“I have been through a lot and have suffered a great deal. But I have had lots of happy moments, as well. Every moment one lives is different from the other. The good, the bad, hardship, the joy, the tragedy, love, and happiness are all interwoven into one single, indescribable whole that is called life. You cannot separate the good from the bad. And perhaps there is no need to do so, either.”
~ Jacqueline Bouvier Kennedy Onassis
I am probably one of the few people on this green Earth that is overjoyed that summer is over. Figuratively speaking, I have never been more ready to turn over a new leaf. Summer 2013 will go down as THE worst summer of my life, particularly because the season began with the sudden loss of my mother. For those of you who don’t know, she suffered a massive stroke. She was only 68.
I still can’t believe it has two months. It seems like yesterday we were eating together at the family table, and she wasn’t complaining of any pain or disturbances. Since June, I have dug myself into this grief buffet of shock, guilt, sadness, anger, frustration, fear, worry, and more. I have cried, laughed, cried, smiled, cried, cracked jokes, cried … well you get the picture. Yet, this rollercoaster of emotions I’m riding on is completely normal, so I’ve been told countless times by my family, friends, and acquaintances. How do I get rid of this pain?
I lost more than just my mother. I lost my very best friend. I lost my confidante. I lost my sister. I lost a soulmate. We would finish each other’s sentences. We would know what pushed each other’s buttons. We would cry from each other’s insults. We would laugh at each other’s jokes. We would give each other strength and love through the acts of cuddling and deep conversations. One of the things my mother taught me was that love was precious, and our love was just that and still is.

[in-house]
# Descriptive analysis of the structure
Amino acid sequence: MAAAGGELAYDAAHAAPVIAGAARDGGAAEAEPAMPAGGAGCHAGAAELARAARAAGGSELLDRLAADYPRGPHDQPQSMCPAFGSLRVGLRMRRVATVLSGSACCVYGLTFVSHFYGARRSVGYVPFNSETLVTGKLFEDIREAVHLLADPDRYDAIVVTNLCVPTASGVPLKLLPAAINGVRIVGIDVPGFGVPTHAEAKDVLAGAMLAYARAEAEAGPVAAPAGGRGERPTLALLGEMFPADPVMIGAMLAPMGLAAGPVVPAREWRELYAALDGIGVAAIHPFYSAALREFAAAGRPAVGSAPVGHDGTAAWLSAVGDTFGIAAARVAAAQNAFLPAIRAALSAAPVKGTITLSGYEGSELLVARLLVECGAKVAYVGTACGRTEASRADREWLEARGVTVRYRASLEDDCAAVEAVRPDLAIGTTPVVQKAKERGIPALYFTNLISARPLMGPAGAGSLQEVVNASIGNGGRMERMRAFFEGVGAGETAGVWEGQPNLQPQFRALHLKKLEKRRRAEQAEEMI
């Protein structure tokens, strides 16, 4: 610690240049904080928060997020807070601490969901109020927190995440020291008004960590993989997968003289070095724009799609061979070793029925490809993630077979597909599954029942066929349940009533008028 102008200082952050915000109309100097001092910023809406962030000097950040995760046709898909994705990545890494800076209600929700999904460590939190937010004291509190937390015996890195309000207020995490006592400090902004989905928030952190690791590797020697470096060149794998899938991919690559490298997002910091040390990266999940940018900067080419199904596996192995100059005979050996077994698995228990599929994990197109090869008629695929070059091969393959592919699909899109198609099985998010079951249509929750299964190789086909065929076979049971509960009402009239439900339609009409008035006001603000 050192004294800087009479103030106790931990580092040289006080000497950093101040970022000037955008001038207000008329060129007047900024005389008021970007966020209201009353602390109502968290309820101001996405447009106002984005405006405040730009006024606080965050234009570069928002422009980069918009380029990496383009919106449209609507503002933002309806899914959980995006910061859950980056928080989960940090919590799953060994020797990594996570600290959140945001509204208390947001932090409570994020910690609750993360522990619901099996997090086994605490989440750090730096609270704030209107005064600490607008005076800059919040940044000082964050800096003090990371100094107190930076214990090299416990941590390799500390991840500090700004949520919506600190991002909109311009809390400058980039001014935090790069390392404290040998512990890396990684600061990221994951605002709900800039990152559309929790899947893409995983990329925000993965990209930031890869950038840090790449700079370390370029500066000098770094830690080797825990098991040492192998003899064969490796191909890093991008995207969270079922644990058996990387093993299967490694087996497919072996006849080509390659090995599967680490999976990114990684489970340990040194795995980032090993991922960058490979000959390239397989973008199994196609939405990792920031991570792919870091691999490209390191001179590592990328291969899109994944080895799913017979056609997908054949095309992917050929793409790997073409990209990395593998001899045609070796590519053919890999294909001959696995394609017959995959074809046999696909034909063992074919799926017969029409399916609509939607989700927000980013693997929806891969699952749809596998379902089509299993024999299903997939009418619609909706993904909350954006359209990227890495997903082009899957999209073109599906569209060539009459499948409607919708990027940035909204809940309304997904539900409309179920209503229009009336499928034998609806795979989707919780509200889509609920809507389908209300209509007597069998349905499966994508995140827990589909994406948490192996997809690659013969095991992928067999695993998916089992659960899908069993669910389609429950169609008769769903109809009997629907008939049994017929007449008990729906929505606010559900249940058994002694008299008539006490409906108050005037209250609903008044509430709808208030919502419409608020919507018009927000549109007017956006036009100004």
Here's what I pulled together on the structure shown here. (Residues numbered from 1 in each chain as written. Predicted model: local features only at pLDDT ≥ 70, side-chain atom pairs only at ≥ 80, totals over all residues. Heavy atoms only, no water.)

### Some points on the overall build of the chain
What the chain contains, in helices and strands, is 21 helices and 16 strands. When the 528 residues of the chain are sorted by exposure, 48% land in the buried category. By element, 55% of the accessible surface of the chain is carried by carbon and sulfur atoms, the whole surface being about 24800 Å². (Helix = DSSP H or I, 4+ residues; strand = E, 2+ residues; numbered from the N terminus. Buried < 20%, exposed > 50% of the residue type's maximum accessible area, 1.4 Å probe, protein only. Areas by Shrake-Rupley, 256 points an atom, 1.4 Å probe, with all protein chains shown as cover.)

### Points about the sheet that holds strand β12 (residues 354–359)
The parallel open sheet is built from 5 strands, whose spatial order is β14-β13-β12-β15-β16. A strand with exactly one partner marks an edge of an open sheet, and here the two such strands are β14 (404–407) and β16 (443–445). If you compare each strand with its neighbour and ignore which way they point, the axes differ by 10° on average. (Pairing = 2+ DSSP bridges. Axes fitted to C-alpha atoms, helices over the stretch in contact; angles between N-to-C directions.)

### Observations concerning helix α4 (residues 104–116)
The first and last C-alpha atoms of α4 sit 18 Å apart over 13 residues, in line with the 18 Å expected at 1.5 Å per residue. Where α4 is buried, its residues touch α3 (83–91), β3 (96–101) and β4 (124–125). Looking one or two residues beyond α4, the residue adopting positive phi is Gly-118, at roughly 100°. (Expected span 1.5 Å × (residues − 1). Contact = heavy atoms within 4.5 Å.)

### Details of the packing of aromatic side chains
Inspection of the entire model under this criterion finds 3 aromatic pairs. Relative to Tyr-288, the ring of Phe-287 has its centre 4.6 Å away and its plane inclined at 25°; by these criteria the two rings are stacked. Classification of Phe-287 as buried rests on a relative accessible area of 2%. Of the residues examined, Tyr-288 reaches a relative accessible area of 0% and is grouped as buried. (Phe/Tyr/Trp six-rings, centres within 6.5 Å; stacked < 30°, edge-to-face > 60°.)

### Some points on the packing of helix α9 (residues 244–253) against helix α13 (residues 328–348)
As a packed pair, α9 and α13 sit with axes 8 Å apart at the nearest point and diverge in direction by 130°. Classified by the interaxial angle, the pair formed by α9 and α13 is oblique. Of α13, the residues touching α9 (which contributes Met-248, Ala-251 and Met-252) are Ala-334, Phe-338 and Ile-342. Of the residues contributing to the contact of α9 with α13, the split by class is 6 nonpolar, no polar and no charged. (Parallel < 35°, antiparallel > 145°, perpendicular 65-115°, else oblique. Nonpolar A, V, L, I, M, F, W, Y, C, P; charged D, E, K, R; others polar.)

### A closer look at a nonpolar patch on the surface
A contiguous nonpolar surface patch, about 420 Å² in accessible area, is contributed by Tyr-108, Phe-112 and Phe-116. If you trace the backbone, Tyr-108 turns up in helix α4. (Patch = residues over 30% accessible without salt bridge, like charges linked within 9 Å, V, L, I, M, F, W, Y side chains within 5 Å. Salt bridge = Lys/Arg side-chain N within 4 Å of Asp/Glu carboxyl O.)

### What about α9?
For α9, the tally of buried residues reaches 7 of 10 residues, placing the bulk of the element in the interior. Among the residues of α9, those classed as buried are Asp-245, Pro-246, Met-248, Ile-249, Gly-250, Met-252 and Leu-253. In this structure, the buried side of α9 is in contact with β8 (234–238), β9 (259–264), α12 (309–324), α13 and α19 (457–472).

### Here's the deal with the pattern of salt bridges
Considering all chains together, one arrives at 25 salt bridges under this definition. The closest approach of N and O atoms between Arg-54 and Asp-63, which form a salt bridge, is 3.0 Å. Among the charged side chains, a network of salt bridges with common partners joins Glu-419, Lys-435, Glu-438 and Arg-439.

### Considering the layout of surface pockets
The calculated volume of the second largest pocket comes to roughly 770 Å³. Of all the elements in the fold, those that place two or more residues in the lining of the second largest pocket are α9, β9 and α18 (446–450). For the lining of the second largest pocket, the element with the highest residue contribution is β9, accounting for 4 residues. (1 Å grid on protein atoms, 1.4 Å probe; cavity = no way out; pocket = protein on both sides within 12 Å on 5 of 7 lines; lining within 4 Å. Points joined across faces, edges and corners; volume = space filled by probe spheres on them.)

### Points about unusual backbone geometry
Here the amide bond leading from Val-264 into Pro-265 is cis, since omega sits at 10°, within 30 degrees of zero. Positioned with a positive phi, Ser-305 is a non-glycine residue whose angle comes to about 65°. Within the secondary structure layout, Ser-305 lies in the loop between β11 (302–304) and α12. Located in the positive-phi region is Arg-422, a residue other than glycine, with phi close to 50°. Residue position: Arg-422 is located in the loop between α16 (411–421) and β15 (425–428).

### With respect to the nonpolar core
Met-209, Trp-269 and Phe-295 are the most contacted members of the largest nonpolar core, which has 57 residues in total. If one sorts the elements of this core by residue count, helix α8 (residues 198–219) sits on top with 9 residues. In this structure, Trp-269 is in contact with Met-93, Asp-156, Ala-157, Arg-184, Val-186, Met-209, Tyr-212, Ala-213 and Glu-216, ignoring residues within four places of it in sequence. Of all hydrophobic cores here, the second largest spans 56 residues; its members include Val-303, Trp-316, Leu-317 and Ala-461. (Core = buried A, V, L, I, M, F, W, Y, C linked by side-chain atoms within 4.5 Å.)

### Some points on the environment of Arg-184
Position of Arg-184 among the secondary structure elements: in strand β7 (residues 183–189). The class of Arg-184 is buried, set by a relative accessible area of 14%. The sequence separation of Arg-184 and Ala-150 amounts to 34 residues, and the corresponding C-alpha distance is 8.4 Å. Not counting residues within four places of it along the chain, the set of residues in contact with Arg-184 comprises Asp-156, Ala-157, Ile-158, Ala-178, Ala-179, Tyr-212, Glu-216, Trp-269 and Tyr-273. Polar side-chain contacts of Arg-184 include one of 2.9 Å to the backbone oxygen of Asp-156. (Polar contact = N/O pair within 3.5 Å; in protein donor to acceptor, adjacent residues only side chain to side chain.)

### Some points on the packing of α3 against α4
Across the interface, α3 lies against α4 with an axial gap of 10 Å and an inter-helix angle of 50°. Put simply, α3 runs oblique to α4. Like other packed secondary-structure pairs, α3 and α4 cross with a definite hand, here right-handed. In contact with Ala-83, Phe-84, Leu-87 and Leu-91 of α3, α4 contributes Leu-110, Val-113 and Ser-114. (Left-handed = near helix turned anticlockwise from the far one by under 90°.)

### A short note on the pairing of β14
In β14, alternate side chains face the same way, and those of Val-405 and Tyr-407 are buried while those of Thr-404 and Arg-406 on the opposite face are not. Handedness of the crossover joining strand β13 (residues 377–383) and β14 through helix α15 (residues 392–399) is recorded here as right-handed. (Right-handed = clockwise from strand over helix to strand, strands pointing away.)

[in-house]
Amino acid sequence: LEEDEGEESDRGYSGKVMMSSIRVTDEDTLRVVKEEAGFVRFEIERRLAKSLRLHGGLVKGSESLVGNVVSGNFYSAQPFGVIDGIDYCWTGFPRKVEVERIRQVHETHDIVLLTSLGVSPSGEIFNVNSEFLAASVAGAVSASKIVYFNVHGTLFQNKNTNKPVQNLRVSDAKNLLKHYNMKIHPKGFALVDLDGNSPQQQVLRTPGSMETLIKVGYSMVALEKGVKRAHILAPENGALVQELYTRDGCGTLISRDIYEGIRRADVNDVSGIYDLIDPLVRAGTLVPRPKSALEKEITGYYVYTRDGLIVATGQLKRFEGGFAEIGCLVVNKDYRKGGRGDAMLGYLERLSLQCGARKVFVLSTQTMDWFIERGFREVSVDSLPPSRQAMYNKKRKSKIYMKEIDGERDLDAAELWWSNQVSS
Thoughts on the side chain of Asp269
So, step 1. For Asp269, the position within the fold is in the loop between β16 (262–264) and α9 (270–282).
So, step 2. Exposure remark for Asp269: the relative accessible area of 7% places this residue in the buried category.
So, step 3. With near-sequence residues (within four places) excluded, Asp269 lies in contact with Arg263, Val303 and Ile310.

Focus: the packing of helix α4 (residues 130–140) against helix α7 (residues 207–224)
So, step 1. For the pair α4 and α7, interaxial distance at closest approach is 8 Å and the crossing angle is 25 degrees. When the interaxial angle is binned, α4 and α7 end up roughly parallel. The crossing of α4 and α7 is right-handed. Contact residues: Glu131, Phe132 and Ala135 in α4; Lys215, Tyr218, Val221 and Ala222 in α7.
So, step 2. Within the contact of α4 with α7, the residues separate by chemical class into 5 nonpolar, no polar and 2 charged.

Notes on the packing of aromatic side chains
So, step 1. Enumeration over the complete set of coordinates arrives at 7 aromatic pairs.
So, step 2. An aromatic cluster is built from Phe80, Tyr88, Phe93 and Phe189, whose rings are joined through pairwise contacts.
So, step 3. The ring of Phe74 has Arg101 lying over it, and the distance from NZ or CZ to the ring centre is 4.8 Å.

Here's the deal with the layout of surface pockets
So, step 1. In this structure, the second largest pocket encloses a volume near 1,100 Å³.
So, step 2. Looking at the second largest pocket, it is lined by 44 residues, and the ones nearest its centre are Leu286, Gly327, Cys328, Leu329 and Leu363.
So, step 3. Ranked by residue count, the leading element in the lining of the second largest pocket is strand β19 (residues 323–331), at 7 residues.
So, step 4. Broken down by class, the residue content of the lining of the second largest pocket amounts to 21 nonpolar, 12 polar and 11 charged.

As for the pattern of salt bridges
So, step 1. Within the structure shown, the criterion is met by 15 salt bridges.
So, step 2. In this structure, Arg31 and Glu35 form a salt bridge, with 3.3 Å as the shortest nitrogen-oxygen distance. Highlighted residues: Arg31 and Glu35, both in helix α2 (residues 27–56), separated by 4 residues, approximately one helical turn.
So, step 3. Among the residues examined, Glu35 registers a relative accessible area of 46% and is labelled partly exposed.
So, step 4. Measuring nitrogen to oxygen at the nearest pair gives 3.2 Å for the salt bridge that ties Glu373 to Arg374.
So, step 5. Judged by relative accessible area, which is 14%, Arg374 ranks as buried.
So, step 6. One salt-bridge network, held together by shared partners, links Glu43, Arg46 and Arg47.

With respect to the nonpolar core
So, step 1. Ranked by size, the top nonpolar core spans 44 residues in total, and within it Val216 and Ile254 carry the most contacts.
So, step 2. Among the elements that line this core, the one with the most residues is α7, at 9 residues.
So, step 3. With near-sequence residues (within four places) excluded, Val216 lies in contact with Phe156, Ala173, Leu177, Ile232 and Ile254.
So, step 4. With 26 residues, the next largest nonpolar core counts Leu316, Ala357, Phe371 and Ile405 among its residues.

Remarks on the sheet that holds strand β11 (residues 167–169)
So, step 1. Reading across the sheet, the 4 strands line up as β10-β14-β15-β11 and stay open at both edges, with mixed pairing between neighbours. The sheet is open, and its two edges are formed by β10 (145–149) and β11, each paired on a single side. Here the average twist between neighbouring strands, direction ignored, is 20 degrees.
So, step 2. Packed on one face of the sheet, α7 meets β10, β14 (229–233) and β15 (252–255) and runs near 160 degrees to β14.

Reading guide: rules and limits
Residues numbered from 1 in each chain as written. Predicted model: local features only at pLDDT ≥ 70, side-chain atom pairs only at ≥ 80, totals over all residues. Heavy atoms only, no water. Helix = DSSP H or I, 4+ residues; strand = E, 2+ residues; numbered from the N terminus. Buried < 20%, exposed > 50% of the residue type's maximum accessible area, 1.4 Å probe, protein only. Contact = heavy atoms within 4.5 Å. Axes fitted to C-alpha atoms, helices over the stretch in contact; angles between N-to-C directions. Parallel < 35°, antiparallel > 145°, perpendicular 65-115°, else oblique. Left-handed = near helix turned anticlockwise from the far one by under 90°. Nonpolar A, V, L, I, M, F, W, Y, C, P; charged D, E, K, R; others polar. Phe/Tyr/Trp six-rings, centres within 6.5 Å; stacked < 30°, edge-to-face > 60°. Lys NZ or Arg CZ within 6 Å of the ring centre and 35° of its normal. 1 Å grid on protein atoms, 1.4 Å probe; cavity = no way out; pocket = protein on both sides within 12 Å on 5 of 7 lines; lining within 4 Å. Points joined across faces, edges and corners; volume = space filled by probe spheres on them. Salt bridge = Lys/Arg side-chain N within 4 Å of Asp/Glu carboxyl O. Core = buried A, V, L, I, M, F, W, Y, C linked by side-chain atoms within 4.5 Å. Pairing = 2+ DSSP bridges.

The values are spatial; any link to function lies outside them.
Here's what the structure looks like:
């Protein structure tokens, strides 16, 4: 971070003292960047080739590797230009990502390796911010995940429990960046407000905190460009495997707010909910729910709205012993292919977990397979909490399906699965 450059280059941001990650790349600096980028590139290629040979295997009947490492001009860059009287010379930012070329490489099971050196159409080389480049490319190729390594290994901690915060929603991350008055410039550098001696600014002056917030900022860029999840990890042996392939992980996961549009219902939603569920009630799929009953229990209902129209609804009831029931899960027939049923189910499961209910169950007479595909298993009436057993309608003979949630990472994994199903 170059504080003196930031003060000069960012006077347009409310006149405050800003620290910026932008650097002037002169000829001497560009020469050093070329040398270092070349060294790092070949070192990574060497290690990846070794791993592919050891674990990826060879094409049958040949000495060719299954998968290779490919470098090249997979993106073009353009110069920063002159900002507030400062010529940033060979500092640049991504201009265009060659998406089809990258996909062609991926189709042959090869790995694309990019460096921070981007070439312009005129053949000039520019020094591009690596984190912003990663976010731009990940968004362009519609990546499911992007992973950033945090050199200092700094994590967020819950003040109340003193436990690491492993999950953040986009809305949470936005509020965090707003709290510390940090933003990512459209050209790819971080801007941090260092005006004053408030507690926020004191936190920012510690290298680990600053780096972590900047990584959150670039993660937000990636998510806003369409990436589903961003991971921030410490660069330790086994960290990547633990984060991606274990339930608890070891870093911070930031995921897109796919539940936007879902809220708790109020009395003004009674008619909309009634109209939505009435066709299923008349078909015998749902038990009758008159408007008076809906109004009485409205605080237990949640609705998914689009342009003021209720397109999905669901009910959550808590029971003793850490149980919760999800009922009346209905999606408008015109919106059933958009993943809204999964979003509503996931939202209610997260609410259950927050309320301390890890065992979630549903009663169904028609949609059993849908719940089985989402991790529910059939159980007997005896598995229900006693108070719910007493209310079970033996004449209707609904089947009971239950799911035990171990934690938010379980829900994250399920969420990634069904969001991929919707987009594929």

My mother has said many times that I’m one of the most courageous person she ever knew and always wondered where I got it from. “You didn’t get it from me,” she said in her Sicilian dialect. Let’s examine the act of courage, shall we? Courage is one of the noblest elements of the human soul. Courage can mean taking a stand that sets you apart from your family and friends. Courage is doing what you say you will no matter how great the cost. Courage can be living up to your vows or principle even those around you are not. Courage is the ability to withstand the most painful moments without crumbling.
I am no stranger to obstacles. I have faced them for the past 30 years. I shit my pants every time I overcome one. OK, that’s gross and I actually don’t do that. But I do surprise myself every time I achieve something. As a person born with achondroplasia, overcoming an obstacle is an act of growing within myself. But now, moving on with my life and accepting my mother’s death are the biggest obstacles I’m facing right now. I know it will take time for me to do the latter. But moving on is something that I’m forced to do, that I need to do, but part of me doesn’t want to do.
Since my mother’s passing, there have been certain things that I’ve set out to do. I’m learning a lot about myself along the way. I’m more resilient. I’m more expressive. I’m more productive. I used to watch my mom do things around the house. I used to want to copy everything she did because I thought her way was the right way. I am beginning to realize that it’s not the case at all. Everybody’s different. I’m learning to adapt to certain things around the house. It’s not easy, but I’m trying my best.
I went to a former professor/good friend’s memorial service this past weekend. It was a wonderful service filled with poignant and loving speeches by friends, family, and former students. One former student said something that immediately caught my attention. He said that this beloved professor/good friend has not left us. His wisdom, advice, and guidance would always remain with this former student until his final day on Earth.
I started thinking about Mom and the life lessons she taught me and the things I’ve done so far. Because my mom was such an active person, I know she wouldn’t want me to sit and sulk. Even though, I don’t hear her voice or feel her touch every day, little by little I’m beginning to realize that she is with me. From now on, the best thing I can do is to be the most courageous person I can be and know that somewhere in Heaven, there is a Sicilian angel smiling down and guiding me every step of the way.